Junior Achievement of Atlanta, which is headquartered in Sandy Springs, teaches high school students the fundamentals of running businesses.
This year, students in that club showed their mastery of the subject in a national competition.
This past summer, teenagers from the Atlanta area won the National Junior Achievement Company of the Year Competition for starting up a business that sells customizable coasters.
The appropriately-named Custom Coasters was founded by 15 teens from area high schools. Students from North Springs Charter High School, The Weber School, Riverwood International Charter School, The Galloway School, W.D Mohammed Schools and Pace Academy each had representatives in the winning company.
Leonard Shutzberg, a volunteer advisor for Junior Achievement and CEO of Americo Manufacturing Co., said there was something special about this year’s team.
“They were all sophomores, up against juniors and seniors,” Shutzberg said. “They knew they had a great company.”
Shutzberg’s daughter, Alison Shutzberg, was a Custom Coasters executive who was on the team that represented Atlanta in the Junior Achievement competition. She is now a junior at North Springs High School. Other representatives were: Bilal Gutu, now a junior at North Springs High School; Jan Berland, now a junior at Riverwood High School; Matthew Kurzweil, now a junior at The Weber School; Jenna Kahn, now a junior at The Weber School.
Home Depot co-founder Bernie Marcus is a supporter of Atlanta’s Junior Achievement program and a member of the Junior Achievement U.S. Business Hall of Fame. Shutzberg said he was in the program in high school.
“The experience that these kids get is they start off as naïve ninth graders and when they leave, they are confident,” Shutzberg said. “They learn about presentation, about management and leadership, and how to overcome obstacles. These are real-life scenarios. These are not make believe.”
Shutzberg said in the Junior Achievement program, students learn about running a business from beginning to end. They also pick up other skills along the way like budgeting and making presentations.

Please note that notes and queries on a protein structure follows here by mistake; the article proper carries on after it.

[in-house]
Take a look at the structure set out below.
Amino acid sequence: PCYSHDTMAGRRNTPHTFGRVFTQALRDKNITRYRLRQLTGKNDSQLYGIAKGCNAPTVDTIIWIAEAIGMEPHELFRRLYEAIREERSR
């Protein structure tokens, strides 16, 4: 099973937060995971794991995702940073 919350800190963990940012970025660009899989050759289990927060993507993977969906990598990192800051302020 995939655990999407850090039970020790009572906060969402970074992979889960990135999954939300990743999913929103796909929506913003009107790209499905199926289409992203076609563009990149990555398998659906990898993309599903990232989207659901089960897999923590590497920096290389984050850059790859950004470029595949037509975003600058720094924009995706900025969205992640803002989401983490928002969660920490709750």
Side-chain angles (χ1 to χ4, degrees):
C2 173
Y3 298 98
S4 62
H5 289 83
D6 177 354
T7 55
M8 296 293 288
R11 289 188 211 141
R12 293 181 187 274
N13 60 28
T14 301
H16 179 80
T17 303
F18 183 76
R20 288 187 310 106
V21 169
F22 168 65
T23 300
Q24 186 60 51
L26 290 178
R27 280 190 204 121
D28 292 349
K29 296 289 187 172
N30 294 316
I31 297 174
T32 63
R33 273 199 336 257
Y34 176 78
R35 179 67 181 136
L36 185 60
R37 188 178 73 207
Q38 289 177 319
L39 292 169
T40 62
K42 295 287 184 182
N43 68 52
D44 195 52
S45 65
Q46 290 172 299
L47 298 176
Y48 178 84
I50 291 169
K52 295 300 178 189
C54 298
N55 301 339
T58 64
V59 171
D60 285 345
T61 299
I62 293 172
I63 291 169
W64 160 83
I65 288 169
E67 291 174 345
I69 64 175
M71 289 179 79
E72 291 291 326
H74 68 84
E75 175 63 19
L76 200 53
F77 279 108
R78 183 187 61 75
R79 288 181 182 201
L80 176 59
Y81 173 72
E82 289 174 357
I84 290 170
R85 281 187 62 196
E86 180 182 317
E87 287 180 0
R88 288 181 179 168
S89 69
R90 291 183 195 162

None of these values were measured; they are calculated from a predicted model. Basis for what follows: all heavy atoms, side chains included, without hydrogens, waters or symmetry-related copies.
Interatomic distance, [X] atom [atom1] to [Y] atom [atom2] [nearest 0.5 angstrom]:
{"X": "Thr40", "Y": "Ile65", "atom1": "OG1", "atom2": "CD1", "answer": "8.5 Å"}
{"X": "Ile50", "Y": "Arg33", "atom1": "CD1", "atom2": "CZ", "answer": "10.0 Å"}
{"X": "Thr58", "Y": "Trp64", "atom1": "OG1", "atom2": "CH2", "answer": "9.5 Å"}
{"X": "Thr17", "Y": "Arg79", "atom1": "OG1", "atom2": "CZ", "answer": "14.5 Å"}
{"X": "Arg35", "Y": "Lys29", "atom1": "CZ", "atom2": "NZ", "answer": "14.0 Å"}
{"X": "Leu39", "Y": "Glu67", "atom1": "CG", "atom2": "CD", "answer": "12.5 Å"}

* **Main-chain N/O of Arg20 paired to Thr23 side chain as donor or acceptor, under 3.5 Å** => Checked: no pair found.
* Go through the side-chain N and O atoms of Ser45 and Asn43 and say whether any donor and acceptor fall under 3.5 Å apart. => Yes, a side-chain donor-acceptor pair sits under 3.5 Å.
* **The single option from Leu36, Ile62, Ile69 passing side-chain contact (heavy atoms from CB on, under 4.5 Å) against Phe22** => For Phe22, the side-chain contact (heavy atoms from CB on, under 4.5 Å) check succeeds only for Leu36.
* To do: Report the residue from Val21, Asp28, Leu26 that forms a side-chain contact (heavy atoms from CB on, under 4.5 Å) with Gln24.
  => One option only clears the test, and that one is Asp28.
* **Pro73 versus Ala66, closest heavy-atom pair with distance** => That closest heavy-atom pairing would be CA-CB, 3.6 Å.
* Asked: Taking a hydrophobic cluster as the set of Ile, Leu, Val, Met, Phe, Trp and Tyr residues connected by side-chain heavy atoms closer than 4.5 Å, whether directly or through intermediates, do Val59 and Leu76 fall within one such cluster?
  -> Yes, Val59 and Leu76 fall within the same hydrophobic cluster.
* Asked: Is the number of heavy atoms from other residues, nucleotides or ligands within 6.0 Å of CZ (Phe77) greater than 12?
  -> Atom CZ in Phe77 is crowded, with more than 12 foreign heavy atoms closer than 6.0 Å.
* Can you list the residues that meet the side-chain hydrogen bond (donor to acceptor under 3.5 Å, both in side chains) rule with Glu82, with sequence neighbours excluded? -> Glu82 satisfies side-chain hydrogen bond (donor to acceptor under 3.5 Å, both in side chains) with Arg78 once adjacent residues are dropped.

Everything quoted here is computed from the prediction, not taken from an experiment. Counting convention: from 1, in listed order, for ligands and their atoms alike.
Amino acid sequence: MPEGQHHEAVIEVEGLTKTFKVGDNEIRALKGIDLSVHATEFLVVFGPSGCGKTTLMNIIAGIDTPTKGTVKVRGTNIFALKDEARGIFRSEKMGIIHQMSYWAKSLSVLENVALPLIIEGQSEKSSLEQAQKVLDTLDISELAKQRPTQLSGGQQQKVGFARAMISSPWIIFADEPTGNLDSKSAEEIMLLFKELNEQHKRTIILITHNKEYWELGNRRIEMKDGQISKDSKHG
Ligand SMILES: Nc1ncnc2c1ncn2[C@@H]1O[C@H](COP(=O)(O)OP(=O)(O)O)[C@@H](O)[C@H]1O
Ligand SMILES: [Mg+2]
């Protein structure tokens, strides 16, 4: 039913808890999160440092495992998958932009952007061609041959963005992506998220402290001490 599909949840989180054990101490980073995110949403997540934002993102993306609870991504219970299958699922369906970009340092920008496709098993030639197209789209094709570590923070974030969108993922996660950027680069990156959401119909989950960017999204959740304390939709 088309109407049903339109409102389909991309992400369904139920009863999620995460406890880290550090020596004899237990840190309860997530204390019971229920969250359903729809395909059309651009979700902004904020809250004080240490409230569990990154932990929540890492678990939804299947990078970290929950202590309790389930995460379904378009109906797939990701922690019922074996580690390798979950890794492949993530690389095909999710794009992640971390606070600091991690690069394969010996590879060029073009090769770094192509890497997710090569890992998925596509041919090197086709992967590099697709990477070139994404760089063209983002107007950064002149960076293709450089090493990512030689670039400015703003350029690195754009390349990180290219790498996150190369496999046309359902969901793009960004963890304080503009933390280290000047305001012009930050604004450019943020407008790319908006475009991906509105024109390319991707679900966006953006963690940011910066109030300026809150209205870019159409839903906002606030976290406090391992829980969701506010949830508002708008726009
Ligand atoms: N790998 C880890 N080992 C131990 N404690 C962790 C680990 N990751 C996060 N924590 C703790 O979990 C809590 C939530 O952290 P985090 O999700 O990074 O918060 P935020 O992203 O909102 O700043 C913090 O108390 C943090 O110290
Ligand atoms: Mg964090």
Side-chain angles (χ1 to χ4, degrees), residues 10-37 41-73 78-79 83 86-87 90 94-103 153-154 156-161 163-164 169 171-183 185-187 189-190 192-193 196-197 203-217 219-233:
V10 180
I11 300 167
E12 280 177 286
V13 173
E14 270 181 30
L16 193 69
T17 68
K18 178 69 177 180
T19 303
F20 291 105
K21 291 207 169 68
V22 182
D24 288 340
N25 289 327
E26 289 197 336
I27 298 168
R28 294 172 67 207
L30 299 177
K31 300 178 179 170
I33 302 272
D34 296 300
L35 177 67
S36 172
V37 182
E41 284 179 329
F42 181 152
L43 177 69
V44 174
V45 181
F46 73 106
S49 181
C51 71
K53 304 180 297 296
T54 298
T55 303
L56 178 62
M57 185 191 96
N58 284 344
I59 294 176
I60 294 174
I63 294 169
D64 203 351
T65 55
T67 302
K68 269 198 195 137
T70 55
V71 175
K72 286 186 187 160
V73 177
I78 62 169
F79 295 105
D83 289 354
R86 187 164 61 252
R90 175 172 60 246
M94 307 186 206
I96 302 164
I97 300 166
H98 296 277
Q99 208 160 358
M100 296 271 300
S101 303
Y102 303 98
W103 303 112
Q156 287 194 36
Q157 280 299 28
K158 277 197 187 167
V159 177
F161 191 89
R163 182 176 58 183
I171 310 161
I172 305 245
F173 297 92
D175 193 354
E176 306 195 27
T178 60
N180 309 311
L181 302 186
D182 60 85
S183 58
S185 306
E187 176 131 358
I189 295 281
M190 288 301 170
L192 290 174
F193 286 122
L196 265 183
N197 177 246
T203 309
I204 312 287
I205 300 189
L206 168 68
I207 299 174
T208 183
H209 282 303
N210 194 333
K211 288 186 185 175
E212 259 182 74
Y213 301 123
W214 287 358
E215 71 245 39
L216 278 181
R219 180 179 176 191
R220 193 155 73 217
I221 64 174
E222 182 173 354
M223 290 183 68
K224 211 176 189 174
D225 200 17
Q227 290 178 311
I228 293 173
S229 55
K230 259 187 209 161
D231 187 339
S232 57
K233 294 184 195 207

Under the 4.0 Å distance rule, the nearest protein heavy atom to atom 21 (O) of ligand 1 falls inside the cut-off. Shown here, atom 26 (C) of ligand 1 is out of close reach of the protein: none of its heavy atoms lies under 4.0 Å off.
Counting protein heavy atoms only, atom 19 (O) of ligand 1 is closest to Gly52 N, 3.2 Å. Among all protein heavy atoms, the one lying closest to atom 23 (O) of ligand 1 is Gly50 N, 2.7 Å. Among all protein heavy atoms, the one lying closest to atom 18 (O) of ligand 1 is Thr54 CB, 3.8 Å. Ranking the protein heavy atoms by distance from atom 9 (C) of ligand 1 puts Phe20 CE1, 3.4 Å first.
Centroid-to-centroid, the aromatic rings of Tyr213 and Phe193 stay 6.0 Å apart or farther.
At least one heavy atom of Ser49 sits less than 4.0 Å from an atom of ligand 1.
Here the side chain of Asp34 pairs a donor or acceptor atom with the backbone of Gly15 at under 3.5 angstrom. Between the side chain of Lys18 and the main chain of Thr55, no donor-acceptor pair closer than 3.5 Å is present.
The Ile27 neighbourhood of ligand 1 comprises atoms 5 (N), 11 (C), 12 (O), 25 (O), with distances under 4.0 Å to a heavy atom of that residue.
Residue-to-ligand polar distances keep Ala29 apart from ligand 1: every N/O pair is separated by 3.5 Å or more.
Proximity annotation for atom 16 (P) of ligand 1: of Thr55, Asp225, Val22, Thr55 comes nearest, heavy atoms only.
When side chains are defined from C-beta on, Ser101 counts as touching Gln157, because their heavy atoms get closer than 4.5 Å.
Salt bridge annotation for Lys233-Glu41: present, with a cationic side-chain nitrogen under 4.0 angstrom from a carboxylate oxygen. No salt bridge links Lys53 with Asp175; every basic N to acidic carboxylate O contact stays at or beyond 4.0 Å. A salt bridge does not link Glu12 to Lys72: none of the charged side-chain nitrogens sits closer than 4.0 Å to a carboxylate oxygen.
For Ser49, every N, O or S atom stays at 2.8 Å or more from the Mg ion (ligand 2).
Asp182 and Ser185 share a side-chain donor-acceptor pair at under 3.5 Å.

“They’re put in a room with 15 to 20 kids they don’t know, and then they have to form a company and come up with a name,” he said. “They decide on a product or service they want to sell. They spend four months running the company. Then after that, they liquidate the company. They write a report and pay a dividend.”
Custom Coasters is a website that sells coasters with custom designs and logos.
“A customer would prepay $15 and submit via the website a digital image,” Shutzberg said. “They would have nine produced, but only eight were in the set. They would keep one as a sample they would show. They figured out they didn’t need to raise a lot of capital because they didn’t need to raise a lot of money. They sold $6,000 worth of coasters in four months.”
It was a good deal for investors, too, he said. A $5 investment returned a dividend of $86.
Members of this year’s team said the experience taught them skills that can apply to other areas of life outside of a corporate board room.
“I learned to overcome my fear of stage fright, and in the process learned to be a better leader and better public speaker,” Gutu said.
Others said they appreciated learning the challenges – and rewards – of running a business.
“The thing I liked most about the whole Junior Achievement Experience was learning what it takes to create and run a successful business,” Kahn said. “Coming in to Junior Achievement as a complete beginner, I had absolutely no idea how much effort, risk, and work it took to make a business. When I finished this year, I looked back and realized how much I had learned, and I enjoyed each part of it.”
For Alison Shutzberg, the joy came from the growth and personal development of her teammates.
“The most enjoyable part of this experience was seeing my teammates grow and improve immensely throughout the year,” Alison Shutzberg said. “I am so incredibly proud of how far they have come, and I know we are all thrilled that all of our hard work has finally paid off.”